By , Alexandra E. Petri
Published March 20, 2018
One of the best things about traveling is experiencing new and different languages, traditions, values, and of course, food. Yes, food plays an irreplaceable role in cultural discovery. What better way is there for travelers to learn about a country intimately than to taste its flavors?
Our differences in taste, though, aren’t always so extreme. The simple joy that comes from a cookie is something that is undoubtedly universal, whether you are taking it with your afternoon tea or having it as a treat before bedtime.
Indeed, cookies (or biscuits, to some) are loved the world over. And though tourists may head to the most famous pastry shop or bakery to try whichever cookie a country may be known for, the locals fill their cupboards and cabinets with much-loved brands that line aisle in the supermarkets.
In the States we may find pantries filled with Chips Ahoy!, an American favorite that is sold around the world, but head to Spain and you are likely to find Lu Principe cookies, a childhood favorite that is a staple sweet treat across the country and eaten with a glass of milk.
What’s interesting about cookies, like many snacks the world over, is that the form and tastes they take can vary from country to country. Some might be circular biscuit cookies taken with a glass of milk, others may look like a waffle that is as big as your head. Many countries like their cookies covered in layers of chocolate, others get giddy over a creamy middle filling. No matter which way the cookie crumbles, these bite-size sweets provide a delicious reflection of childhood around the world.
We’ve rounded up some iconic cookie brands from different countries to give you a taste of what snack time looks like around the world.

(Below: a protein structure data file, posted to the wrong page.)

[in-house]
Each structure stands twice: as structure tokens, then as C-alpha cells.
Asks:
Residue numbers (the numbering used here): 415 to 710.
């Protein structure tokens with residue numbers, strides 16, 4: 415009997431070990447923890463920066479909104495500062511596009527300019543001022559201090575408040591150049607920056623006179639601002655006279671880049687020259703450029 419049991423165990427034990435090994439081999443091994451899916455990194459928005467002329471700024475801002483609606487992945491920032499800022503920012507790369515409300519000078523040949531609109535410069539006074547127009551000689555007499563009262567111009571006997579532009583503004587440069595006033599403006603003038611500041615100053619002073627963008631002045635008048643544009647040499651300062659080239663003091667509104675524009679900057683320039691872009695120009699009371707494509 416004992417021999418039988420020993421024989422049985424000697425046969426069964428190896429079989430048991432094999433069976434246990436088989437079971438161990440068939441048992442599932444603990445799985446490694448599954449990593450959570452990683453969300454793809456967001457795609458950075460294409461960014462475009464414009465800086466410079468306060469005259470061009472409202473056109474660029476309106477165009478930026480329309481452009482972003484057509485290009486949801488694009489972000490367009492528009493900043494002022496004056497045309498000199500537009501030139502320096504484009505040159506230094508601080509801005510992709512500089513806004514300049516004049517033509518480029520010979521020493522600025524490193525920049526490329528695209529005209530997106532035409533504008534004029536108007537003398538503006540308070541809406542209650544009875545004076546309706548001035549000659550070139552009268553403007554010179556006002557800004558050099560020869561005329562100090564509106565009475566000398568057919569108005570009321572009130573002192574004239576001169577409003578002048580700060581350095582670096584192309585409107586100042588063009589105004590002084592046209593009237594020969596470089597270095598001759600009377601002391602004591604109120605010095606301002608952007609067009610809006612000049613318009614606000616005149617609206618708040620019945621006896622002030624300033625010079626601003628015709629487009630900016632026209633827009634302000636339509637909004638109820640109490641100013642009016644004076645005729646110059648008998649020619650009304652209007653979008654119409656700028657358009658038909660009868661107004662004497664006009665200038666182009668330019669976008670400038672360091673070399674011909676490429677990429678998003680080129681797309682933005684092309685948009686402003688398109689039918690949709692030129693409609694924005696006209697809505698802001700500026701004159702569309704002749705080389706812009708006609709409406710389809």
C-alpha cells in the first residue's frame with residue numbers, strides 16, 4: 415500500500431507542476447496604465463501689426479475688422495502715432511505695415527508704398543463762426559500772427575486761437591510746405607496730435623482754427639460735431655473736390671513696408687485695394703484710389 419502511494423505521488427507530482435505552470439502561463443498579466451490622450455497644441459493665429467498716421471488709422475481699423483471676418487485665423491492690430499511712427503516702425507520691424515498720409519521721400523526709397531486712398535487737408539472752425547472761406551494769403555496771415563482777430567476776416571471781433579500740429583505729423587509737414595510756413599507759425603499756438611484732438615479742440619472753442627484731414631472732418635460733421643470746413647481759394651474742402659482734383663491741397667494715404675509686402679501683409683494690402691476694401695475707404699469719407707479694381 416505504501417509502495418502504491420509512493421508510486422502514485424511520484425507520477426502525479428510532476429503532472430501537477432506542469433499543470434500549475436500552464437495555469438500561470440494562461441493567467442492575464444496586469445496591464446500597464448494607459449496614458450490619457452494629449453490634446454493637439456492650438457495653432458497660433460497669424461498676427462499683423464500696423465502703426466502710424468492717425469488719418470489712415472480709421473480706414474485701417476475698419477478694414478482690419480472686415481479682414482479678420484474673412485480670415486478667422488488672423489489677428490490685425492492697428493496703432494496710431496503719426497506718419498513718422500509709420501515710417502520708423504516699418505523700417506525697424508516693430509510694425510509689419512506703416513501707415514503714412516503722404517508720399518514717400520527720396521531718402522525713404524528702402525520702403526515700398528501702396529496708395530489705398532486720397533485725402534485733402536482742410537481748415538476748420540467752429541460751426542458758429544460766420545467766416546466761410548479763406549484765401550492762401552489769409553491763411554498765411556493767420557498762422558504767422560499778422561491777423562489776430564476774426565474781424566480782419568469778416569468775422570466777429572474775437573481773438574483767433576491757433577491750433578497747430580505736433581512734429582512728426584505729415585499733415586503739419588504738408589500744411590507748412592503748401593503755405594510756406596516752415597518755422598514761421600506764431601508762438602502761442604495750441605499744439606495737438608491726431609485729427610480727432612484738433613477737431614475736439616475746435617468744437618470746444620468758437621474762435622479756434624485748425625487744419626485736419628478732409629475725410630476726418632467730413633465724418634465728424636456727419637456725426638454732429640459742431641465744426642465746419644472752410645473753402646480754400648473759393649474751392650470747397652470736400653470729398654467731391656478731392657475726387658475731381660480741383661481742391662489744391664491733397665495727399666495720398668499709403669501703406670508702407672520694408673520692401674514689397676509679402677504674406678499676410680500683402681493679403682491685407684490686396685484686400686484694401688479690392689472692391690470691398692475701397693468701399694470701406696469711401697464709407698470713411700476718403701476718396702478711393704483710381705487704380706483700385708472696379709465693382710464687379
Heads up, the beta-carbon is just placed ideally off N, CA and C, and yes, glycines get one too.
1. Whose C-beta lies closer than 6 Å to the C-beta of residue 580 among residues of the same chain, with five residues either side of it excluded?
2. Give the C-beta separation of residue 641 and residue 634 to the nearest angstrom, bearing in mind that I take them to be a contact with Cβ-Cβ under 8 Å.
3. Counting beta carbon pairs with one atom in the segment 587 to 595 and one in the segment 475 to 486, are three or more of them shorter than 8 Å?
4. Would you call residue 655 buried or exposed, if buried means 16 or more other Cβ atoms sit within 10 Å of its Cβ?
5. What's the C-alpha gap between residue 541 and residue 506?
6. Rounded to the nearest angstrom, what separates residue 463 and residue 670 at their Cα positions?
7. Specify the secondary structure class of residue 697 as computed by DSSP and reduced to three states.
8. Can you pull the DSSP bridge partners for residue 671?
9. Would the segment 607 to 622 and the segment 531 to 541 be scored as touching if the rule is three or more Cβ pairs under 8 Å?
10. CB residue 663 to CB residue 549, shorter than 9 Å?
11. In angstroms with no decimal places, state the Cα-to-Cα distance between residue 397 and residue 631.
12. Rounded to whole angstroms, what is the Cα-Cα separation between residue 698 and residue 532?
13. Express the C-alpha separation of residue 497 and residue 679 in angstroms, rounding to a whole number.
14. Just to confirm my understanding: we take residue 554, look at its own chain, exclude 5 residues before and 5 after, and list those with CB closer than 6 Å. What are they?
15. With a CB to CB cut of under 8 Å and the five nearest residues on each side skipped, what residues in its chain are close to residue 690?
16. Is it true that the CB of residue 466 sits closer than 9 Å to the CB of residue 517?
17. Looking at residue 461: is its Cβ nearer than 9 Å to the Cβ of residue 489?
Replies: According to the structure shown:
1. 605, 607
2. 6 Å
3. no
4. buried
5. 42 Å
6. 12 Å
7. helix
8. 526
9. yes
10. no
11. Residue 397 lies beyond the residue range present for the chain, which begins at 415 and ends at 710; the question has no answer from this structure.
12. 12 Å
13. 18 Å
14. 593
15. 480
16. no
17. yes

McVitie’s Digestives biscuits are as iconic of England as the Queen (though they may be just a little bit sweeter). They come in a variety of flavors, from chocolate to whole wheat to the original flavor. McVitie’s Hobnobs were another contender for England’s quintessential biscuit.
Ballerina cookies have been considered Sweden’s favorite cookie since 1963. These delicious treats are circular in shape, are made from a shortbread cookie and have a chocolate hazelnut cream filling.
Pepero is a Korean cookie stick made from a biscuit that is dipped in chocolate. Pepero come in a variety of flavors, including chocolate, almond, and strawberry, among others. November 11, otherwise written as 11/11 (which resembles the shape of the Pepero stick), is known as Pepero day, a day when Koreans give one another Pepero as gifts to show their love and affection.
It seems that pineapple-flavored cookies are a favorite in Indonesia, and this Slai O’lai brand is the reigning champion. This cookie is a milk cookie filled with a creamy, pineapple jam.
Havanna Alfajores are legendary brand of cookies in Argentina. An alfajor is popular in South America, and the Havanna Alfajores are made from two round, buttery biscuits with a sweet dulce de leche filling in between. Alfajores can come in mixed flavors, including white alfajores, which are coated in a meringue, or a chocolate alfajores, which are covered in a dark chocolate.
Check out more global cookie brands.
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